A year ago, I sat in a glass-walled conference room at The New York Times in a routine meeting. I listened as a business-schooled product manager spoke about yet another monetization strategy when he broke character and whispered, “now is the time to lower the gates”. He was referring to The Times’s crackdown on website users who read articles for free by googling headlines, installing NYT Clean, and clearing their cookies. Now, that defensive mindset is creeping into The Times’s mobile products.
Late last month, The New York Times quietly slashed the number of free articles in its mobile applications from 3 per day to 10 per month. It’s not hard math, each reader can access 80 fewer articles this month than they could have last month, a decrease of 89%.
While great free apps like Circa, Yahoo News Digest.1, and now Paper from Facebook, fight to take over mobile news, The Times scrambles to persuade mobile users to pay top dollar for its coverage by limiting what they get for free.
Since the NYTimes iOS application was released in 2008, the number of articles that users can read for free has changed multiple times. The app has gone from everything being free, to the dozen rotating “Top News” stories, to three articles daily, to only ten per month. The last change occurred just months after the previous. If it had to be adjusted this quickly and drastically, the meter strategy on mobile just isn’t working.
Since The Times’s mobile products are partially supported by advertising, it’s counterintuitive to drive down the number of ad impressions by cutting off enthusiastic users just as they’re getting excited about the content. Ten articles per month just aren’t enough to justify keeping the apps installed; it’s almost insulting. The proof is in the plummeting App Store ratings as well as in the company’s usage statistics, which I suspect show readers returning less frequently since the change.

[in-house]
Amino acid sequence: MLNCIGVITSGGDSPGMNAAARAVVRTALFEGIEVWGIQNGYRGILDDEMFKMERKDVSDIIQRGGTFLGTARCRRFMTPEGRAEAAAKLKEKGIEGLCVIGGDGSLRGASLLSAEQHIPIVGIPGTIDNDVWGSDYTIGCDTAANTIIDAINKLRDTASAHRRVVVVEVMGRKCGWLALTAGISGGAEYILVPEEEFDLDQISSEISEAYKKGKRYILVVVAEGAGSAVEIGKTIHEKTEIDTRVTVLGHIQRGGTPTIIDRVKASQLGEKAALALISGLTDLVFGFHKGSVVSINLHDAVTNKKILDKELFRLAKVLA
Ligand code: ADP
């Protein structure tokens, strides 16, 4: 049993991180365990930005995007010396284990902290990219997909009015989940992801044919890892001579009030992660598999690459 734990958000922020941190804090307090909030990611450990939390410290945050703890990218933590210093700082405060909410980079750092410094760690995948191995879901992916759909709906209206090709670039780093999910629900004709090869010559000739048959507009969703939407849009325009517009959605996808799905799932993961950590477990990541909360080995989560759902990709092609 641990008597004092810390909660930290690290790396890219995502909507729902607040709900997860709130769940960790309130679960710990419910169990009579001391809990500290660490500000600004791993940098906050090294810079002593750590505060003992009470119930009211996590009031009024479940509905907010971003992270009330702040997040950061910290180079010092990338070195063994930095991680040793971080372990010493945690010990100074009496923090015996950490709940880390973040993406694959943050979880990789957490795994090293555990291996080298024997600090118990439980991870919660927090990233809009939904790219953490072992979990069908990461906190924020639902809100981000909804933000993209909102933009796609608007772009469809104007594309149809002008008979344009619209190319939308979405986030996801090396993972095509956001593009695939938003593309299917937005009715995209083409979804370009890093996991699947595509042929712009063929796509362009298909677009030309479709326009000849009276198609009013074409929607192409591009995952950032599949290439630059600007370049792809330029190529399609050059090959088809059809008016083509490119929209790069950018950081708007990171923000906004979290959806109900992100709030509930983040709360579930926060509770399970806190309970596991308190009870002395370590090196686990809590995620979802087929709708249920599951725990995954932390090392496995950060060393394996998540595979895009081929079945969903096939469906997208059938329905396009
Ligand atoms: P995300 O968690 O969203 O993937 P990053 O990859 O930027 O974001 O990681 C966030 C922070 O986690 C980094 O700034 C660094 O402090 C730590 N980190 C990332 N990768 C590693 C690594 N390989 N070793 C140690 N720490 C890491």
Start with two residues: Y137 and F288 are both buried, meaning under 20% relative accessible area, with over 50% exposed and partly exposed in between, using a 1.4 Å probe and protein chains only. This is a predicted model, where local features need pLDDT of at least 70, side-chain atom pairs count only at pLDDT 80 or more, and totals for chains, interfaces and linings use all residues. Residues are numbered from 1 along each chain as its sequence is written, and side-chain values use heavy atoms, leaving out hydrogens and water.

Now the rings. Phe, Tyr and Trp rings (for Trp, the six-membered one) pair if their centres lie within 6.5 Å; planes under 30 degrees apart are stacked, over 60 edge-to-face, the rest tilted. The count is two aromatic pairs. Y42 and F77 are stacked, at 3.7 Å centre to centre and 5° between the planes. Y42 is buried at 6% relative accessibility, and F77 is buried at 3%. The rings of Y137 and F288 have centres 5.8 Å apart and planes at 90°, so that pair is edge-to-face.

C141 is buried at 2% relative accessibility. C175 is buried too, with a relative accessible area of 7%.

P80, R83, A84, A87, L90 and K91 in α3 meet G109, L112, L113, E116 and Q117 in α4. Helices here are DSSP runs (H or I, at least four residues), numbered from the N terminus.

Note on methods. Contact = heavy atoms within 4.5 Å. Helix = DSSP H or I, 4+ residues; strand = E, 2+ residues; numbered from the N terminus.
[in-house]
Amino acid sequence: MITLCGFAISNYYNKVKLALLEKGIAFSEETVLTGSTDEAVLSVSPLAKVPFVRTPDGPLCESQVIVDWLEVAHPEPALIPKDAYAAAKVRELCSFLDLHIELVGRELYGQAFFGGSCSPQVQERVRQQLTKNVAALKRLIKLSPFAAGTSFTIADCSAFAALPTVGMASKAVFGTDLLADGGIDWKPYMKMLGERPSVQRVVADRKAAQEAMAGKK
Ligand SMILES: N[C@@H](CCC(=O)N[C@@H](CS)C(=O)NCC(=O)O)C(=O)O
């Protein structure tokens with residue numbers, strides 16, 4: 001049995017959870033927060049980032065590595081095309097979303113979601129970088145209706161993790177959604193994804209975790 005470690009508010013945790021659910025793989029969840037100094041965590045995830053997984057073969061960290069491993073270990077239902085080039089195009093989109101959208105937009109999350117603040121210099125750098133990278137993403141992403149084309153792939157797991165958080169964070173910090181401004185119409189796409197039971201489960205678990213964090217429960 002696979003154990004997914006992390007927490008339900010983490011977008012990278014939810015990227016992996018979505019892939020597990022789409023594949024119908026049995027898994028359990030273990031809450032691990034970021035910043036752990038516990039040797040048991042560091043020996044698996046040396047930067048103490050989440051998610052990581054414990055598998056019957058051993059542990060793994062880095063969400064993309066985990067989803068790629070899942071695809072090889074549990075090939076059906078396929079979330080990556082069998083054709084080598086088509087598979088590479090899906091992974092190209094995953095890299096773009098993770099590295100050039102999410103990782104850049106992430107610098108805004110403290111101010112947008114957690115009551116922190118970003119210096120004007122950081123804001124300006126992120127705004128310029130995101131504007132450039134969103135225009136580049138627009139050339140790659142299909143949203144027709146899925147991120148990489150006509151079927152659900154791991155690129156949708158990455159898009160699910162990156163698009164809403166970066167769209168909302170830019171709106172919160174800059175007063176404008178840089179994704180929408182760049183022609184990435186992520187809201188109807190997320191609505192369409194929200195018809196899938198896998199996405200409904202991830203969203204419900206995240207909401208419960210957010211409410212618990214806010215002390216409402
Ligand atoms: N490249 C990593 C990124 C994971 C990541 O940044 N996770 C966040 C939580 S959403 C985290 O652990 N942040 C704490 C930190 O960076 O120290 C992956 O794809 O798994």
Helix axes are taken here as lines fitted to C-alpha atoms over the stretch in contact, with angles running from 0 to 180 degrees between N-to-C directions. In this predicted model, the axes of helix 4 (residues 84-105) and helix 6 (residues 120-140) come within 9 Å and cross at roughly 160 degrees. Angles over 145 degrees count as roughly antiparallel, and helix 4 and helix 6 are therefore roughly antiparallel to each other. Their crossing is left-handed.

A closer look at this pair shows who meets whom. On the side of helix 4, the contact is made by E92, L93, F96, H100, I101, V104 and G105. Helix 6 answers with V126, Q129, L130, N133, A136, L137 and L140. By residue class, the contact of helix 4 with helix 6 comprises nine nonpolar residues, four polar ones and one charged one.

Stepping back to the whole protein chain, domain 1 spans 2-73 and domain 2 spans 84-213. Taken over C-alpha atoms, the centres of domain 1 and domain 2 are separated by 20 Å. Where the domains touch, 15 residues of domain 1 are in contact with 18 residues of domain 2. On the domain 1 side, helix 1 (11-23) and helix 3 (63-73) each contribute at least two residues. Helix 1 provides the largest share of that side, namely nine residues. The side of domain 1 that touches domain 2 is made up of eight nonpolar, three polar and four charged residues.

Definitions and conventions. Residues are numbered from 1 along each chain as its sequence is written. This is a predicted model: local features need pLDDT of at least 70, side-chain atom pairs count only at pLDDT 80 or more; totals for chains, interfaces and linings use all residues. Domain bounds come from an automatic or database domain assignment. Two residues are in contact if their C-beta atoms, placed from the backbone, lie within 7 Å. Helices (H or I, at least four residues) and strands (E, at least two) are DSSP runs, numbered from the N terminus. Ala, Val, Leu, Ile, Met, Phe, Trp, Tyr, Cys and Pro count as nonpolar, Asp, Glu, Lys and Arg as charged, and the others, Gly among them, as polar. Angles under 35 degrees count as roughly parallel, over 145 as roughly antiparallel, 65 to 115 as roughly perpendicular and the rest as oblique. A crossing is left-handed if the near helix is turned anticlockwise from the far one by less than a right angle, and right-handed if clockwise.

From the outside, it looks as if the company is desperate to drive up subscription numbers on its confusing digital subscription packages, which are still more expensive than having the newspaper dropped on your doorstep every weekend. But I think there may be something deeper going on.
The Times plans to roll out even more digital packages this year, and people I’ve spoken to at the company are starting to worry that few will want them. Why not make its current offerings less appealing in the short term, so that they can save the day with their newer, better apps in a few months? If this is what NYT is doing, it’s downright irresponsible and counter to The Times’s commitment to integrity. There’s no integrity in misleading readers.
I asked Times spokesperson Linda Zebian about the changes and she defended the move, writing, “We continue to believe that our strategy of balancing free and accessible content with revenue from paid usages is the right one.” When asked whether the company was attempting to make the mobile applications behave identically to the website she added, “The intention is to align the meter experience on mobile apps with the website and our mobile website…”. I got no real answers to the questions of whether this change is expected to decrease advertising revenue or intended to bolster the planned new digital products.
When I raised this issue on Twitter, Jordan Kay asked me what I would do differently if I were in charge of The Times’s digital subscription strategy. If The Times wants to be the place that most Americans read their news, then it must adopt a freemium model that’s much freer than this in order to compete.
But I don’t think that’s what The Times is or should be. It’s a premium news source, and it would be much better to make that clear from the start. Everyone knows how good the journalism is. Charge for it up front with an optional free trial. As it stands, the meter devalues both the product and the brand, and any new products the Times plans to add later this year run the same risk — creating confusion and muddling the message.
The Times’s new mobile strategy forces casual readers to look for other options, and there are many out there. I hope The Grey Lady will realize her mistake and change course quickly, but knowing how things work inside an organization founded over a century ago, I’m not holding my breath. By dropping the pay gates on mobile users, the Times is ensuring its irrelevance in an increasingly mobile world.
Photo courtesy of Jason Kuffer
1. Disclosure: Yahoo owns Tumblr, where I work.↩